Brian Jones: the life and death of a Rolling Stone

The Stones' founder was forced out at the height of the band's success and died soon afterwards in mysterious cirucmstances - but there was much to admire about Brian Jones, says Pete Mitchell

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Brian Jones: the life and death of a Rolling Stone
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The genius of Brian Jones propelled the early Rolling Stones into the higher echelons of the pop charts all over the world. He was a complete one off and there was much to admire about him. Jones was one of the ultimate sixties pop stars with a creative cutting edge, compounded with an out-there fashion sense, who remains a style icon to this day. It seems strange to think that he has almost been air-brushed out of the Rolling Stones history. 

Juggling his duties as a musician with heavy drink and drug use, he died in suspicious circumstances one summer's night at his rock star mansion in Sussex, forty five years ago this week. He was twenty seven.

Brian was not exactly a child prodigy but he showed early signs that he was certainly gifted. During the mid to late 1950's, the skiffle craze was sweeping across Great Britain and the teenagers were going wild. Brian Lewis Hopkins Jones was besotted. He could play the piano and the clarinet proficiently and it would not long before he joined his first skiffle group. He bought a saxophone and formed a band, Thunder Odin’s Big Secret, and began playing venues and parties across London. He admired Blues musician Alexis Korner and met him after a gig in Cheltenham, where they exchanged phone numbers. He was introduced to the music of Elmore James by Korner, it was Brian's most important musical discovery and he was so enamoured by Elmore's work, that he went under the name of Elmore Lewis and began his career as a full time musician.

In 1962 he formed the Stones, who built up a reputation as a tight live act almost immediately.

Brian was the leader and responsible for the music they played, how they looked and where the band was going. He would soon suffer his first blow, losing control of the group to another young upstart.

Andrew Oldham was a hustler on the London music scene who became a publicist for various music acts and for producer Joe Meek. Among his projects were stints publicising Bob Dylan on his first UK visit and The Beatles for Brian Epstein in early 1963. In April of that year, a journalist friend recommended that he see a young R&B band called The Rolling Stones. Oldham saw potential in the group going head to head with The Beatles. He was still a teenager when he took over management of the band, side-lining Jones.

He signed the band to Decca Records. By 1967 they had sold over a million more records than The Beatles and they were expected to gross $20 million that year. In 1969 Jones was one of the highest paid musicians in pop music – by the time of his death he was broke.

Brian, a heavy drinker from 1964, was on a slippery slope. Heavy drug abuse made him unpredictable and aggressive and he became estranged from the band he had formed.

He had bought his pop star mansion in the English countryside and was supposedly living the dream. Cotchford Farm was a beautiful 16th century farmhouse in Sussex, which he had purchased for £35,000. His country idyll was the former home of Winnie the Pooh creator AA Milne. He settled in and began to renovate the property.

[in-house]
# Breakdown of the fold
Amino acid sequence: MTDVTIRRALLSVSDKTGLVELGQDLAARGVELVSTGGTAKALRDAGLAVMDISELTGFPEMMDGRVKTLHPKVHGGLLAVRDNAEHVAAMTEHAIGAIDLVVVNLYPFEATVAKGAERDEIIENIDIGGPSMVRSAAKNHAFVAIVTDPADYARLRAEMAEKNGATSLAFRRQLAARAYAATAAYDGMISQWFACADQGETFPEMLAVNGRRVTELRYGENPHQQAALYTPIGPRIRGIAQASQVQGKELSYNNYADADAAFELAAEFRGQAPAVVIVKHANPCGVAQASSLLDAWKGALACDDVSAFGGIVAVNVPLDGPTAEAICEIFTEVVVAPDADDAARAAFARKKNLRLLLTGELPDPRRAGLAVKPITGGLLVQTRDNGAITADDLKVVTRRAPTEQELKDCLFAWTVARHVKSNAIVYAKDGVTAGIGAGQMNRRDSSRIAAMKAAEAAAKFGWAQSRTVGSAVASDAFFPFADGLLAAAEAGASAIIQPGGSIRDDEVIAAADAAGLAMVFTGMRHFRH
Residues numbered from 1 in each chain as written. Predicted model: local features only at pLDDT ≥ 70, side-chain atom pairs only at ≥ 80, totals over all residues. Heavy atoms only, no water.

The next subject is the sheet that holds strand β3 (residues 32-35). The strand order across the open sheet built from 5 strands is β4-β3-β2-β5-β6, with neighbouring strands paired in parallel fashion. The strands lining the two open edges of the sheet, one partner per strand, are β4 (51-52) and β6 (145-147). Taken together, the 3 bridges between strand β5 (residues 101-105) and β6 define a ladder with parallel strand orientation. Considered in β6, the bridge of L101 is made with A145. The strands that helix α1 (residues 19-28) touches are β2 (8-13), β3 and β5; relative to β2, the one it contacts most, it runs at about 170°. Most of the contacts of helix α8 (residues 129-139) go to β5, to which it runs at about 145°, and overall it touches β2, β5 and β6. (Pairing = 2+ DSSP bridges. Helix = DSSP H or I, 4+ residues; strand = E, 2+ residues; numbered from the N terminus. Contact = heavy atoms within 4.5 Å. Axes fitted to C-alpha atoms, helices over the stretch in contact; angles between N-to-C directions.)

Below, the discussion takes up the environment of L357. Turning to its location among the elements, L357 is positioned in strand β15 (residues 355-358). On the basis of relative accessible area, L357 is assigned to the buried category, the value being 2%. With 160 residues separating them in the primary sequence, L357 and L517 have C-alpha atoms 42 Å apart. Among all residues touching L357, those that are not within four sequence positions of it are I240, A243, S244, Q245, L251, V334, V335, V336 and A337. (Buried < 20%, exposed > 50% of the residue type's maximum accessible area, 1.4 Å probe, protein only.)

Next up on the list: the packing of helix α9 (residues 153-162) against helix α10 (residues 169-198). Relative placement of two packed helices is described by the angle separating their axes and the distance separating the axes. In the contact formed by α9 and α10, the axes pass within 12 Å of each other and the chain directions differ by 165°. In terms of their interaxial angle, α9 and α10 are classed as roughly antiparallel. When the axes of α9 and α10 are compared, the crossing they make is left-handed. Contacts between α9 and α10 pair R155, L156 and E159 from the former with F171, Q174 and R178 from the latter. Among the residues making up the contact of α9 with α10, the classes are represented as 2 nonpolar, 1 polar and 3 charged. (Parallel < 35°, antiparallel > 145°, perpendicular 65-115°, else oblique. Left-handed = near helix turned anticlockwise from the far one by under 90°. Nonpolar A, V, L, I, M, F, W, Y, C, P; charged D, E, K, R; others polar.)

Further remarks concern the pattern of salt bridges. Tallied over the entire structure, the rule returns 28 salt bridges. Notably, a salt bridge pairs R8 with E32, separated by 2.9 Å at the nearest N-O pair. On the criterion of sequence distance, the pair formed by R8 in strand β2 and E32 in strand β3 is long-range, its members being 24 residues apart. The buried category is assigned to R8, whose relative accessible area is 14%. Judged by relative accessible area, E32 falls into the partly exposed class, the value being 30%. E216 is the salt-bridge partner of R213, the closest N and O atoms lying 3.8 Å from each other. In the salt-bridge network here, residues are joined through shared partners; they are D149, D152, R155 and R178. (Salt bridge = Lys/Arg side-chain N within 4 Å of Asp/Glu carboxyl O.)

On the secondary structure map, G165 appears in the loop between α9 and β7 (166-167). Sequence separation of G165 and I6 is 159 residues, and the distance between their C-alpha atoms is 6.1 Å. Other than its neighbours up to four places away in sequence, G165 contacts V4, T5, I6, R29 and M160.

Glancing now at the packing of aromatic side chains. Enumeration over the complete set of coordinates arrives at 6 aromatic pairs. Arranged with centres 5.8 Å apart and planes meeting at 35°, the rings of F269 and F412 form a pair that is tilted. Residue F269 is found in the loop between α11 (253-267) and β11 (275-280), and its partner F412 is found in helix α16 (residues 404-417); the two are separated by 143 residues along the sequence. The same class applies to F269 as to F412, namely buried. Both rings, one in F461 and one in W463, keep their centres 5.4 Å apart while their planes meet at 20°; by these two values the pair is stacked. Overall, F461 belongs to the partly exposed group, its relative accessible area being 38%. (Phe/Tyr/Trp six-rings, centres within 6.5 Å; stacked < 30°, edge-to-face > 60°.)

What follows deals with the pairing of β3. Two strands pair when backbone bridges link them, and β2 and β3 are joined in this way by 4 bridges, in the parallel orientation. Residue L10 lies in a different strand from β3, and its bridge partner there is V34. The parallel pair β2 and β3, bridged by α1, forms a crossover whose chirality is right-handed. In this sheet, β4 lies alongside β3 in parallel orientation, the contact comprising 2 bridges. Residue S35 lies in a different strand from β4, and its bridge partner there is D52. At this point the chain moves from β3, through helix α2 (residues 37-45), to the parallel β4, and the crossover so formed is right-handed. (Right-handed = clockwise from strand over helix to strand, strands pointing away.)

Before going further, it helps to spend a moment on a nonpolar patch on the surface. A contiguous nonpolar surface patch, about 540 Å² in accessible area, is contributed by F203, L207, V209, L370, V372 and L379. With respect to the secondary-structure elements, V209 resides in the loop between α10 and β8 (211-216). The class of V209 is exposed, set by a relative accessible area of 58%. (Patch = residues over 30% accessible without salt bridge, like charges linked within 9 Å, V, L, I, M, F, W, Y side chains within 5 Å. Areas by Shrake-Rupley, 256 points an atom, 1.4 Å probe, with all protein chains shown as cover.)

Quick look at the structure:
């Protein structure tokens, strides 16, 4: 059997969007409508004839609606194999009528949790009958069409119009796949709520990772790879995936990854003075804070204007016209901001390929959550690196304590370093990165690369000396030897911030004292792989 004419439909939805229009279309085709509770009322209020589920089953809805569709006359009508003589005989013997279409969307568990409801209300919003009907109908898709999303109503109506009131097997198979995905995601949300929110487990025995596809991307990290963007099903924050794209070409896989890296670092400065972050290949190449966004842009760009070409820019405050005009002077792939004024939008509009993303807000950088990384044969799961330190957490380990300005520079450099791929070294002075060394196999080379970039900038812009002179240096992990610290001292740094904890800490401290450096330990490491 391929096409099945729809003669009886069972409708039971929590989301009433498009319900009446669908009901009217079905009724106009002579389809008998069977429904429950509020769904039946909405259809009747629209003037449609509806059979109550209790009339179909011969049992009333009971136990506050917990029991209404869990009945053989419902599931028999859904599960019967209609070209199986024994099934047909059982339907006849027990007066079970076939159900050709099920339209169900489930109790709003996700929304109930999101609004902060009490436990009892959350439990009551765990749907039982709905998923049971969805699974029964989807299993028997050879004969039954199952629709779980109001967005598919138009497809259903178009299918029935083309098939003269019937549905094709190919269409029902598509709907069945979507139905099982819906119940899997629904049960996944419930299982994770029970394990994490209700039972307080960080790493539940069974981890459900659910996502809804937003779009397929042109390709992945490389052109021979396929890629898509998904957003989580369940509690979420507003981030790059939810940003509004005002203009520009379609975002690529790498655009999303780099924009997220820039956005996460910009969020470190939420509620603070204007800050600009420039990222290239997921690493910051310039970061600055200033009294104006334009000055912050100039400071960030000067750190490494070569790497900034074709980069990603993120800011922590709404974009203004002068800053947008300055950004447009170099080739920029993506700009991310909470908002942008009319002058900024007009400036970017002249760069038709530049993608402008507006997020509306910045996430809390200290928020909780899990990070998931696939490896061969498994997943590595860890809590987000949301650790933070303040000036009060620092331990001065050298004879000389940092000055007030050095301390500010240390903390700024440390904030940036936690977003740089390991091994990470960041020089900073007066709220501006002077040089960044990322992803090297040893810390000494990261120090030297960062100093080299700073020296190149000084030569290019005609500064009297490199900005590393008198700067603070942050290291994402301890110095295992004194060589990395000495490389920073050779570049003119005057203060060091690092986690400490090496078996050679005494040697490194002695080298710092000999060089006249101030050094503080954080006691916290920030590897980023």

With a crippling tax bill to deal with, The Stones needed to tour again and plans were drawn up to go out on the road taking in America. Jones was not physically or mentally capable of sustaining a heavy work schedule or tour and it was decided that he was a liability. His time as a member of one of the most success acts of the 1960s was coming to an end.

He was unceremoniously kicked out of The Rolling Stones in June 1969 as his drug addled behaviour worsened, jeopardising the band’s promotional plans for their new album Beggars Banquet. The announcement that Jones had left the stones came in May of 1969.

He stated "I no longer see eye to eye with the others. The Stones music is not to my taste anymore."

Brian was no longer a Rolling Stone. It was rumoured that he was forming a super group with his friend John Lennon and working with Jimi Hendrix.

He was not in the best of health, his weight had ballooned and his good looks were now faded and tired but he still liked to party and entertain. Brian held a small gathering one summer's night, inviting friends, acquaintances and the builders who were renovating his property.

Brian's death happened on 2 July 1969. His demise is complicated and of course shrouded in inconsistencies and lies. It's doubtful that we will ever get to know the true story of his death. What we do know is that the story of his tragic end has uncovered many falsehoods and lies.

One person who wanted to get to the truth was a budding young writer called Terry Rawlings.

Terry’s love of music began in the seventies when he was employed as a post boy at The Stones' record label Decca. He heard rumours about the death of Brian and decided to uncover the mystery in a book called Who Killed Christopher Robin. Jones’ death, in his swimming pool, has been the subject of no small amount of speculation and conspiracy, with the official verdict of misadventure undermined by various claims of murder, robbery and cover up. The mystery is complicated but Terry has come the nearest to solving one of the great rock and roll deaths.

You can hear the documentary Play With Fire: The Death of Brian Jones this Thursday at 7pm on Absolute Radio 60's. Listen here